Alpha Centauri

A Model Earth-sized Planet In The Habitable Zone Of α Centauri A/B

By Keith Cowing
October 26, 2021
Filed under
A Model Earth-sized Planet In The Habitable Zone Of α Centauri A/B
(a) Trajectories of α-Cen A (red) and B (blue) around their barycenter (“×”). The two stars are positioned at their approximate present-day separation. The Hill spheres (dashed circles) and habitable zones (nested green circles) of A and B are drawn to scale at periapsis. (b) Apparent trajectory of B centered on A, with indications of their apparent separation on the sky over the period from CE 2020 to 2050. The part of trajectory in yellow indicates the coming observational window (CE 2022-2035), when the apparent separation between A and B is larger than 600 and the search for planets around A or B can be conducted without suffering significant contamination from the respective companion star.

The bulk chemical composition and interior structure of rocky exoplanets are of fundamental importance to understanding their long-term evolution and potential habitability.

Observations of the chemical compositions of the solar system rocky bodies and of other planetary systems have increasingly shown a concordant picture that the chemical composition of rocky planets reflects that of their host stars for refractory elements, whereas this expression breaks down for volatiles. This behavior is explained by devolatilization during planetary formation and early evolution.

Here, we apply a devolatilization model calibrated with the solar system bodies to the chemical composition of our nearest Sun-like stars — α Centauri A and B — to estimate the bulk composition of any habitable-zone rocky planet in this binary system (“α-Cen-Earth”).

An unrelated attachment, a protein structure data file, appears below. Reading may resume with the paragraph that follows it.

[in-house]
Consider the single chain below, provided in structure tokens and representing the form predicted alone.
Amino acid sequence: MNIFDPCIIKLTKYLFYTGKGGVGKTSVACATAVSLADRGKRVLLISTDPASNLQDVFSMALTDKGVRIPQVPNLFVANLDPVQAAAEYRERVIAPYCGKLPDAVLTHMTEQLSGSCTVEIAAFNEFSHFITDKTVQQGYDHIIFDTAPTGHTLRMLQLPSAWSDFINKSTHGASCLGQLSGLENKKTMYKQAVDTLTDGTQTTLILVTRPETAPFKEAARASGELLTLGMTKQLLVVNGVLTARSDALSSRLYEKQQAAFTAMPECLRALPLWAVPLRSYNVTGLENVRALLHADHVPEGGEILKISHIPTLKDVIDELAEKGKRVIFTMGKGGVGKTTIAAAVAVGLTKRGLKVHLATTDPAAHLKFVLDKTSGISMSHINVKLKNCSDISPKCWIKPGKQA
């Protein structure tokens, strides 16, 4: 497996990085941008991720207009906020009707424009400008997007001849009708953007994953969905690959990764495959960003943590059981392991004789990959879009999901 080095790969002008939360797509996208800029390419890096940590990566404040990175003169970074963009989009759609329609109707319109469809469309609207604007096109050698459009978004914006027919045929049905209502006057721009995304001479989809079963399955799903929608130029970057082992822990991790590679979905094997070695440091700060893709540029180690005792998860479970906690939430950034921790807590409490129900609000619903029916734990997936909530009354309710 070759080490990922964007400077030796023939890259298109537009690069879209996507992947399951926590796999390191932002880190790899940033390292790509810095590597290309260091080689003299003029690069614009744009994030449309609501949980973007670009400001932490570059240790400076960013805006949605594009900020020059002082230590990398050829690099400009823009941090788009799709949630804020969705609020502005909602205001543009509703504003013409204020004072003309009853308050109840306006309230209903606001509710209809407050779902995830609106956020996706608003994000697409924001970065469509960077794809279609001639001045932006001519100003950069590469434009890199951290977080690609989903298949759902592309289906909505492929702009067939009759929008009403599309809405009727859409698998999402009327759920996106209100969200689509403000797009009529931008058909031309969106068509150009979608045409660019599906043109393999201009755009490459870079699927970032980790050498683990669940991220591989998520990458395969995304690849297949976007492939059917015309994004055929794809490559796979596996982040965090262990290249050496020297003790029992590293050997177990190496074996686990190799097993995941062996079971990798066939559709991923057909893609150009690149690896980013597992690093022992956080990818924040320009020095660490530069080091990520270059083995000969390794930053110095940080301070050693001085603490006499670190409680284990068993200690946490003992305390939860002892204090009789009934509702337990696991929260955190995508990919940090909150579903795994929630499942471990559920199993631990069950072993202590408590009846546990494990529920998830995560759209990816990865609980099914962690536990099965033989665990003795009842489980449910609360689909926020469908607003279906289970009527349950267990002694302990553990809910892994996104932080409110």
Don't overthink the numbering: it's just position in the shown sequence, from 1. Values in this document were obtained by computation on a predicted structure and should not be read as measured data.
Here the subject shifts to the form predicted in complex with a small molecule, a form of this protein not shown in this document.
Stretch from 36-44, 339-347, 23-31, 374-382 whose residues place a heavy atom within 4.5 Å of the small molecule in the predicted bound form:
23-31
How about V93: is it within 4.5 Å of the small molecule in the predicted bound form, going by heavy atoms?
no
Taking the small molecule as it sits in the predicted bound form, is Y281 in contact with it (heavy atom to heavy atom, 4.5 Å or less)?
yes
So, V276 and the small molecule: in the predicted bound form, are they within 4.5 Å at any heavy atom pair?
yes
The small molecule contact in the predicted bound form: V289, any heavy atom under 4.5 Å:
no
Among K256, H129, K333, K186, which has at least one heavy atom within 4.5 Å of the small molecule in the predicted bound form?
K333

Through further modeling of likely planetary interiors and early atmospheres, we find that compared to Earth, such a planet is expected to have (i) a reduced (primitive) mantle that is similarly dominated by silicates albeit enriched in carbon-bearing species (graphite/diamond); (ii) a slightly larger iron core, with a core mass fraction of 38.4+4.7−5.1 wt% (cf. Earth’s 32.5 ± 0.3 wt%); (iii) an equivalent water-storage capacity; and (iv) a CO2-CH4-H2O-dominated early atmosphere that resembles that of Archean Earth.

Further taking into account its ∼ 25% lower intrinsic radiogenic heating from long-lived radionuclides, an ancient α-Cen-Earth (∼ 1.5-2.5 Gyr older than Earth) is expected to have less efficient mantle convection and planetary resurfacing, with a potentially prolonged history of stagnant-lid regimes.

Haiyang S. Wang, Charles H. Linweaver, Sascha P. Quanz, Stephen J. Mojzsis, Trevor R. Ireland, Paolo A. Sossi, Fabian Seidler, Thierry Morel

Comments: 25 pages, 9 figures, 5 tables; submitted to an AAS journal; comments are welcome
Subjects: Earth and Planetary Astrophysics (astro-ph.EP); Solar and Stellar Astrophysics (astro-ph.SR)
Cite as: arXiv:2110.12565 [astro-ph.EP] (or arXiv:2110.12565v1 [astro-ph.EP] for this version)
Submission history
From: Haiyang Wang
[v1] Mon, 25 Oct 2021 00:50:10 UTC (1,526 KB)

Explorers Club Fellow, ex-NASA Space Station Payload manager/space biologist, Away Teams, Journalist, Lapsed climber, Synaesthete, Na’Vi-Jedi-Freman-Buddhist-mix, ASL, Devon Island and Everest Base Camp veteran, (he/him) 🖖🏻